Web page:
Baroness On The Battlefield


We learned that General Burgoyne wanted to carry out General Fraser’s last wish and intended having him buried in the place designated at six o’clock. This caused an unnecessary delay and served to increase the army’s misfortune. At precisely six o’clock the body was actually carried away, and we saw all the generals and their staffs take part in the funeral services on the hilltop. The English chaplain, Mr. Brudenel, held the services. Cannon balls constantly flew around and over the heads of the mourners. The American General Gates said later on that, had he known that a funeral was being held, he would have allowed no firing in that direction. A number of cannon balls also flew about where I stood, but I had no thought for my own safety, my eyes being constantly directed toward the hill, where I could see my husband distinctly, standing in the midst of the enemy’s fire.

The command had been given for the army to withdraw immediately after the funeral, and our calashes were ready and waiting. I did not want to leave before the troops did. Major Harnage, miserably ill as he was, crept out of bed so that he would not be left behind in the hospital, over which a flag of truce had been raised. When he saw me standing in the midst of danger, he ordered my children and the maidservants to be brought to the calashes and told me I would have to leave immediately. When I repeated my plea to be allowed to stay, he said, “All right, then your children must go without you, so that I can at least save them from danger.” He knew the weakest spot in my armor and thus persuaded me to get into the calash, and we drove away on the evening of the 8th.

We had been warned to keep extremely quiet, fires were left burning everywhere, and many tents were left standing, so that the enemy would think the camp was still there. Thus we drove on all through the night. Little Frederika was very much frightened, often starting to cry, and I had to hold my handkerchief over her mouth to prevent our being discovered.

At six o’clock in the morning we stopped, to the amazement of all. General Burgoyne ordered the cannons to be lined up and counted, which vexed everyone because only a few more good marches and we would have been in safety. My husband was completely exhausted and during this halt sat in my calash, where my maids had to make room for him and where he slept about three hours with his head on my shoulder. In the meantime Captain Willoe brought me his wallet with banknotes, and Captain Geismar brought me his beautiful watch, a ring, and a well-filled purse and asked me to take care of these things for them. I promised to do my utmost. Finally the order was given to march on, but we had hardly gone an hour when we stopped again, because we caught sight of the enemy. There were about two hundred men who had come out to reconnoiter and could easily have been taken prisoners by our troops, if General Burgoyne had not lost his head. …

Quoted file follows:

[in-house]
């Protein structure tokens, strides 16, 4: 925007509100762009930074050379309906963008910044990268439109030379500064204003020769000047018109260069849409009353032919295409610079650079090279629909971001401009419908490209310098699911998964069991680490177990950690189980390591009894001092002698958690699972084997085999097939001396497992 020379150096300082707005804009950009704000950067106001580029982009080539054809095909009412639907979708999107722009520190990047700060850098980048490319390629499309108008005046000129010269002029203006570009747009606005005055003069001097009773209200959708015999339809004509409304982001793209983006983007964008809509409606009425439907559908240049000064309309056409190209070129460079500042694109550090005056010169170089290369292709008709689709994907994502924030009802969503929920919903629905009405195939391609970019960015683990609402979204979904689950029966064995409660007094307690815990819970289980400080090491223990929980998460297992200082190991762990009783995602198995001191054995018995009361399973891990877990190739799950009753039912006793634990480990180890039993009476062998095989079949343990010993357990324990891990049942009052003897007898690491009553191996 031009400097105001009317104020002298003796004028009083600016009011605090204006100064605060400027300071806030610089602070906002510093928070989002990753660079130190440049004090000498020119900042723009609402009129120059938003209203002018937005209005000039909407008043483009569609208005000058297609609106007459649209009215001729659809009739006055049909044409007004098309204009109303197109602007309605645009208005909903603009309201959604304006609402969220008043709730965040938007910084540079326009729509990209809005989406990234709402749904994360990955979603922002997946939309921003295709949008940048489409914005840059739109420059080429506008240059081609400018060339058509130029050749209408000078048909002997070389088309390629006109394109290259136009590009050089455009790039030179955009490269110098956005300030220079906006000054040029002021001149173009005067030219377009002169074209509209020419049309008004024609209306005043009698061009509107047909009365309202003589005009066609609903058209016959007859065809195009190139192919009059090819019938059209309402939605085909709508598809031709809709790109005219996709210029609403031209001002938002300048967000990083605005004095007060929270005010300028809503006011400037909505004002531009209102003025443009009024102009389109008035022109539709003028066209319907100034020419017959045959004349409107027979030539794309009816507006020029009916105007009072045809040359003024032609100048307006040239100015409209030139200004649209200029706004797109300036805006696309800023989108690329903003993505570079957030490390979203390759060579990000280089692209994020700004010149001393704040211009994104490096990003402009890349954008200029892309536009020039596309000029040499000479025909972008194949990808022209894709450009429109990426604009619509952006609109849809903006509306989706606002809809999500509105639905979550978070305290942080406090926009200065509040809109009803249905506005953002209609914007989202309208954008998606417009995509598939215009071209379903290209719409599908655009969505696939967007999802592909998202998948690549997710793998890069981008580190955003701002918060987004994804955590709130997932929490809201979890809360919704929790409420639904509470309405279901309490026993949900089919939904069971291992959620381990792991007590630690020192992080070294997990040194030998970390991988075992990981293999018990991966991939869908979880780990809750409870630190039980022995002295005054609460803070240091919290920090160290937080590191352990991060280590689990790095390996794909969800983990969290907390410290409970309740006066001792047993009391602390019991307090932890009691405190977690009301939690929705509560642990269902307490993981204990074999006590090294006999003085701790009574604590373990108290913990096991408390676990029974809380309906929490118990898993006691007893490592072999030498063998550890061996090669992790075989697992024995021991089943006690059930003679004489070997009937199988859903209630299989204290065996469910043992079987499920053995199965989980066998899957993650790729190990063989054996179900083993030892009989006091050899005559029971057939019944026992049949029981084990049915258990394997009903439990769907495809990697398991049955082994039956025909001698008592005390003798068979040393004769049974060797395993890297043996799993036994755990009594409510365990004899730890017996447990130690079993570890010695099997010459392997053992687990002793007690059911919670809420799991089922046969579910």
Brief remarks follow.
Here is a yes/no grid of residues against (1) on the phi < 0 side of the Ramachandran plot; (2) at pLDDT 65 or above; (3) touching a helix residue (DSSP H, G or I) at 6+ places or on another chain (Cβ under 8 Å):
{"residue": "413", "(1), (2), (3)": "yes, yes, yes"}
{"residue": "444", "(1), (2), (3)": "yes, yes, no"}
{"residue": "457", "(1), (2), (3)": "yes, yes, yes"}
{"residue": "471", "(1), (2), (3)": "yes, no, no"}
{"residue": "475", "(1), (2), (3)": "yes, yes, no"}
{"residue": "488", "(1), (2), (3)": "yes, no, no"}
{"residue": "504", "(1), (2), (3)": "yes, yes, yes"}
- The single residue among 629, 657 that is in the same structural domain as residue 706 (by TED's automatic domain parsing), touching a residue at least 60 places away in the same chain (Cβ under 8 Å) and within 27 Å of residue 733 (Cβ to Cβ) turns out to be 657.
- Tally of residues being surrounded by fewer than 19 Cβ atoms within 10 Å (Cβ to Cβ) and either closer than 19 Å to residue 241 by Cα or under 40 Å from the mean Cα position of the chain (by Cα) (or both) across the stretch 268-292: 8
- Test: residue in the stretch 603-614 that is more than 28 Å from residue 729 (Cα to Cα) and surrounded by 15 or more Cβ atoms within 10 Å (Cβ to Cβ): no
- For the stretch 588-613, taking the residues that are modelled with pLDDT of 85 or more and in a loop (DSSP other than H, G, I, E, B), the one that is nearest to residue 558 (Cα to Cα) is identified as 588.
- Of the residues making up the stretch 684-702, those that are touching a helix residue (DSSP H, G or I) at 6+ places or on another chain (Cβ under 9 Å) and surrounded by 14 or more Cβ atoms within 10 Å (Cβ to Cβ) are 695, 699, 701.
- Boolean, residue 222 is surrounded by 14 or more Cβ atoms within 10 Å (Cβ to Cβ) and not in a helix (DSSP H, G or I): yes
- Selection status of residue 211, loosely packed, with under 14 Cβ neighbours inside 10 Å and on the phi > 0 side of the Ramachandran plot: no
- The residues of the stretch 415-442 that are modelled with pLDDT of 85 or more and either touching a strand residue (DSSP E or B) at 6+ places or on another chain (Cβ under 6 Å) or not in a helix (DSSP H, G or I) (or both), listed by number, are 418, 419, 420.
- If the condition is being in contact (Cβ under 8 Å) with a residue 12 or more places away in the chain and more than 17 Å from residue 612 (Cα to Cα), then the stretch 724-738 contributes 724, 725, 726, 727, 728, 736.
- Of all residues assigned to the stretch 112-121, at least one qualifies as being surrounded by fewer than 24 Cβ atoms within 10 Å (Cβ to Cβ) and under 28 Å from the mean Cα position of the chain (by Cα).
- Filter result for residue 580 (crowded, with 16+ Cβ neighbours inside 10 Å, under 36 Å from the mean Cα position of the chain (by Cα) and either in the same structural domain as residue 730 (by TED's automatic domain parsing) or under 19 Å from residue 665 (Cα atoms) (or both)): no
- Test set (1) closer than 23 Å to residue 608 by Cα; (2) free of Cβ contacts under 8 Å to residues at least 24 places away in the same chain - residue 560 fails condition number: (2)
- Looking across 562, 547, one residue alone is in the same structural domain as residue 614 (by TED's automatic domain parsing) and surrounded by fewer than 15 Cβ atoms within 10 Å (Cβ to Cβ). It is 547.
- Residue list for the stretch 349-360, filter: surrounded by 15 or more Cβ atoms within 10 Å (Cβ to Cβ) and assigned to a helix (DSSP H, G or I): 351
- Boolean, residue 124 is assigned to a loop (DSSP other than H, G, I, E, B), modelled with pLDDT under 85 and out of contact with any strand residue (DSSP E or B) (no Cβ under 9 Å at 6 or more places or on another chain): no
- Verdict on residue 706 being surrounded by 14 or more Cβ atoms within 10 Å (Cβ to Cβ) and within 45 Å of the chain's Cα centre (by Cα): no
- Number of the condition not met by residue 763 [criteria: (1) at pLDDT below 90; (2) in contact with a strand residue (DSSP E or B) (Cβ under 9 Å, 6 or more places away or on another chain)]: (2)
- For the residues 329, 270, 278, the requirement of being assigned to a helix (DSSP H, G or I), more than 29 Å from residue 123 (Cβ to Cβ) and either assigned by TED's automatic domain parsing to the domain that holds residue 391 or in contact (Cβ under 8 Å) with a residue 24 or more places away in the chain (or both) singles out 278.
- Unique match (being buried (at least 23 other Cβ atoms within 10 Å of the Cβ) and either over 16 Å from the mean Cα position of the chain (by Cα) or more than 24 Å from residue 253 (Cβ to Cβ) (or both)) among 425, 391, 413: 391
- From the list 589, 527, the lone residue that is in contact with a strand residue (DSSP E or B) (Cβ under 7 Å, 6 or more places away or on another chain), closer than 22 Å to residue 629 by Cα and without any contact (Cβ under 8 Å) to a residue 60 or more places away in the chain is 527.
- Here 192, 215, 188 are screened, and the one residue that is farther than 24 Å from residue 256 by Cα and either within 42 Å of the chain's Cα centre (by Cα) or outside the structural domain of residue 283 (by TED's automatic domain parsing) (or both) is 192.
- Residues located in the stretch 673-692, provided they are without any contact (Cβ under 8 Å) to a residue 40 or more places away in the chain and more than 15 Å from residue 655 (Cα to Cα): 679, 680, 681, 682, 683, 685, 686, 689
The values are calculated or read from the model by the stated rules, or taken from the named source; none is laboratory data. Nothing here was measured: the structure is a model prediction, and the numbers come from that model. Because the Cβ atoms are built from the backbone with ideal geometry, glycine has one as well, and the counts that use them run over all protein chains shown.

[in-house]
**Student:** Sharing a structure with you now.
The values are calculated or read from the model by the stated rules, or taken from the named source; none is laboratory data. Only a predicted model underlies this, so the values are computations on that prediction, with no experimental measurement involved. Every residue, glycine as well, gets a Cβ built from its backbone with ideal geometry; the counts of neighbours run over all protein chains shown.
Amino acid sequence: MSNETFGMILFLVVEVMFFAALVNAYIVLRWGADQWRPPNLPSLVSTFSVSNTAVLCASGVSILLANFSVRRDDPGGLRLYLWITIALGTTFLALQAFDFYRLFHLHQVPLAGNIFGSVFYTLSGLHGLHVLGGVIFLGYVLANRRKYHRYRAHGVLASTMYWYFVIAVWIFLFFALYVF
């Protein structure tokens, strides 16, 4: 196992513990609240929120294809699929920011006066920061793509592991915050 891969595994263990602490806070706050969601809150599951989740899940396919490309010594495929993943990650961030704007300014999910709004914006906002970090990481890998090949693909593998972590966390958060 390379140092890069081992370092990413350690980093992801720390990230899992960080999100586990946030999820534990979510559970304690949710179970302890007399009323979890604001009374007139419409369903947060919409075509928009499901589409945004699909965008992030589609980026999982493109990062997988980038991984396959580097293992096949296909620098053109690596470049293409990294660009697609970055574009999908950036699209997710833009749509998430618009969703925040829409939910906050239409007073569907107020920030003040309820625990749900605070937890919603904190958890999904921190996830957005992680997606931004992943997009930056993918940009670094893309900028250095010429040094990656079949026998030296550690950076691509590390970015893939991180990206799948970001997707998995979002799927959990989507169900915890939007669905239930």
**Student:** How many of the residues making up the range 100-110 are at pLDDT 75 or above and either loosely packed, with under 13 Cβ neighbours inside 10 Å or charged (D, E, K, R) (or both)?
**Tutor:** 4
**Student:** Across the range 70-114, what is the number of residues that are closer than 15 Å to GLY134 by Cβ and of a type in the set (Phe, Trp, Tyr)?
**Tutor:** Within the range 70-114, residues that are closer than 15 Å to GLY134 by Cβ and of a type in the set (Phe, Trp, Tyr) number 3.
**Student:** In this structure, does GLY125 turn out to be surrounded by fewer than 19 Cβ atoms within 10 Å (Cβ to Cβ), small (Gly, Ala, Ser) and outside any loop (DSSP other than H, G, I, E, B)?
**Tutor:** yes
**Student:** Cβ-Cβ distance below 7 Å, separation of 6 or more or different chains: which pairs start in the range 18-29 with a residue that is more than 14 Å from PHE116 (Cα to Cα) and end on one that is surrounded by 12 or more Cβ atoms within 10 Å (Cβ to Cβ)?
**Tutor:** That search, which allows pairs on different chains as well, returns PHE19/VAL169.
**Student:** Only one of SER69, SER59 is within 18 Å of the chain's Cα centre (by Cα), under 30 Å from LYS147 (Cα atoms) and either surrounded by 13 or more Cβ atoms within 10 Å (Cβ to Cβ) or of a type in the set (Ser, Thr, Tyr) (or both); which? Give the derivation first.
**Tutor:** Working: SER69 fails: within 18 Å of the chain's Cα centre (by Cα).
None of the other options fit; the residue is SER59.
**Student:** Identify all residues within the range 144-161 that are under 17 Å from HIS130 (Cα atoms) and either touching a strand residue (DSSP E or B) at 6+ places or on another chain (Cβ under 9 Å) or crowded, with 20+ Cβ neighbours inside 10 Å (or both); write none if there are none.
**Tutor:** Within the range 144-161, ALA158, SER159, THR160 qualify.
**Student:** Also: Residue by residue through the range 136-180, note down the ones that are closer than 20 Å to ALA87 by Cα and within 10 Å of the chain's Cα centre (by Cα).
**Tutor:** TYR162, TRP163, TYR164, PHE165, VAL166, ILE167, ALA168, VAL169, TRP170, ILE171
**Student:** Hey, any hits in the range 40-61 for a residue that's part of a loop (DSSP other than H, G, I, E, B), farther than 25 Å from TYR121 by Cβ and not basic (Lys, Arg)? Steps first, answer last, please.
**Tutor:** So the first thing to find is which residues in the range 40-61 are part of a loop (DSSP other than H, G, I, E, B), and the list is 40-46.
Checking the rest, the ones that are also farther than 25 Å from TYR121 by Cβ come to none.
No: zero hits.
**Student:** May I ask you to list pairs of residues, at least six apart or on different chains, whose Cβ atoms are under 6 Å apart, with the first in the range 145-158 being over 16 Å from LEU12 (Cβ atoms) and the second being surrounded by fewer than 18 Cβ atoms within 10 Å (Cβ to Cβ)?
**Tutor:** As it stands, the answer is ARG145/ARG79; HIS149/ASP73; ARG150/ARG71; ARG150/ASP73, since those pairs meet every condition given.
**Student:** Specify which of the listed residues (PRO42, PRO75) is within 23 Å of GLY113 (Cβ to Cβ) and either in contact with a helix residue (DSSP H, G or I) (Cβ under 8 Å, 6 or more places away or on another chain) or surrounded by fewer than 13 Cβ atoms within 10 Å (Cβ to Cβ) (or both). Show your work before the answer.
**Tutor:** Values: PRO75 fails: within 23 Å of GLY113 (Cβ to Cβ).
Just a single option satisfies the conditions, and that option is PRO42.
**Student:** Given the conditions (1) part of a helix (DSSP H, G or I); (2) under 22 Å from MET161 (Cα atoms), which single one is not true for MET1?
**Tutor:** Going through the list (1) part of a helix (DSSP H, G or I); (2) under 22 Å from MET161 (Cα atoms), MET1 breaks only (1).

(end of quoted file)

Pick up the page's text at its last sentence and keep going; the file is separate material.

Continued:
We spent the whole of the gth in a terrible rainstorm, ready to march on at a moment’s notice. The savages had lost courage, and everywhere they were seen retreating. The slightest setback makes cowards of them, especially if they see no chance of plundering. My maid did nothing but bemoan her plight and tear her hair. I begged her to quiet herself, as otherwise she would be taken for a savage. Hereupon she became still more frantic, and she asked me whether I minded her behavior, and when I answered, “Yes,” she tore off her hat, let her hair hang down over her face, and said, “It is easy for you to talk! You have your husband, but we have nothing except the prospect of being killed or losing all we have.” With regard to the latter I consoled her by promising that I would compensate her and the others for anything they might lose. The other maid, my good Lena, although very much afraid, nevertheless said nothing.

Toward evening we finally reached Saratoga, which is only half an hour on the way from the place where we had spent the whole day. I was wet to the skin from the rain and had to remain so throughout the night as there was no place to change into dry clothes. So I sat down before a good fire, took off the children’s clothes, and then we lay down together on some straw. I asked General Phillips, who came up to me, why we did not continue our retreat while there was yet time, as my husband had promised to cover our retreat and bring the army through. “Poor woman,” he said, “I admire you! Thoroughly drenched as you are, you still have the courage to go on in this weather. If only you were our commanding general! He thinks himself too tired and wants to spend the night here and give us a supper.” In fact, Burgoyne liked having a jolly time and spending half the night singing and drinking and amusing himself in the company of the wife of a commissary, who was his mistress and, like him, loved champagne.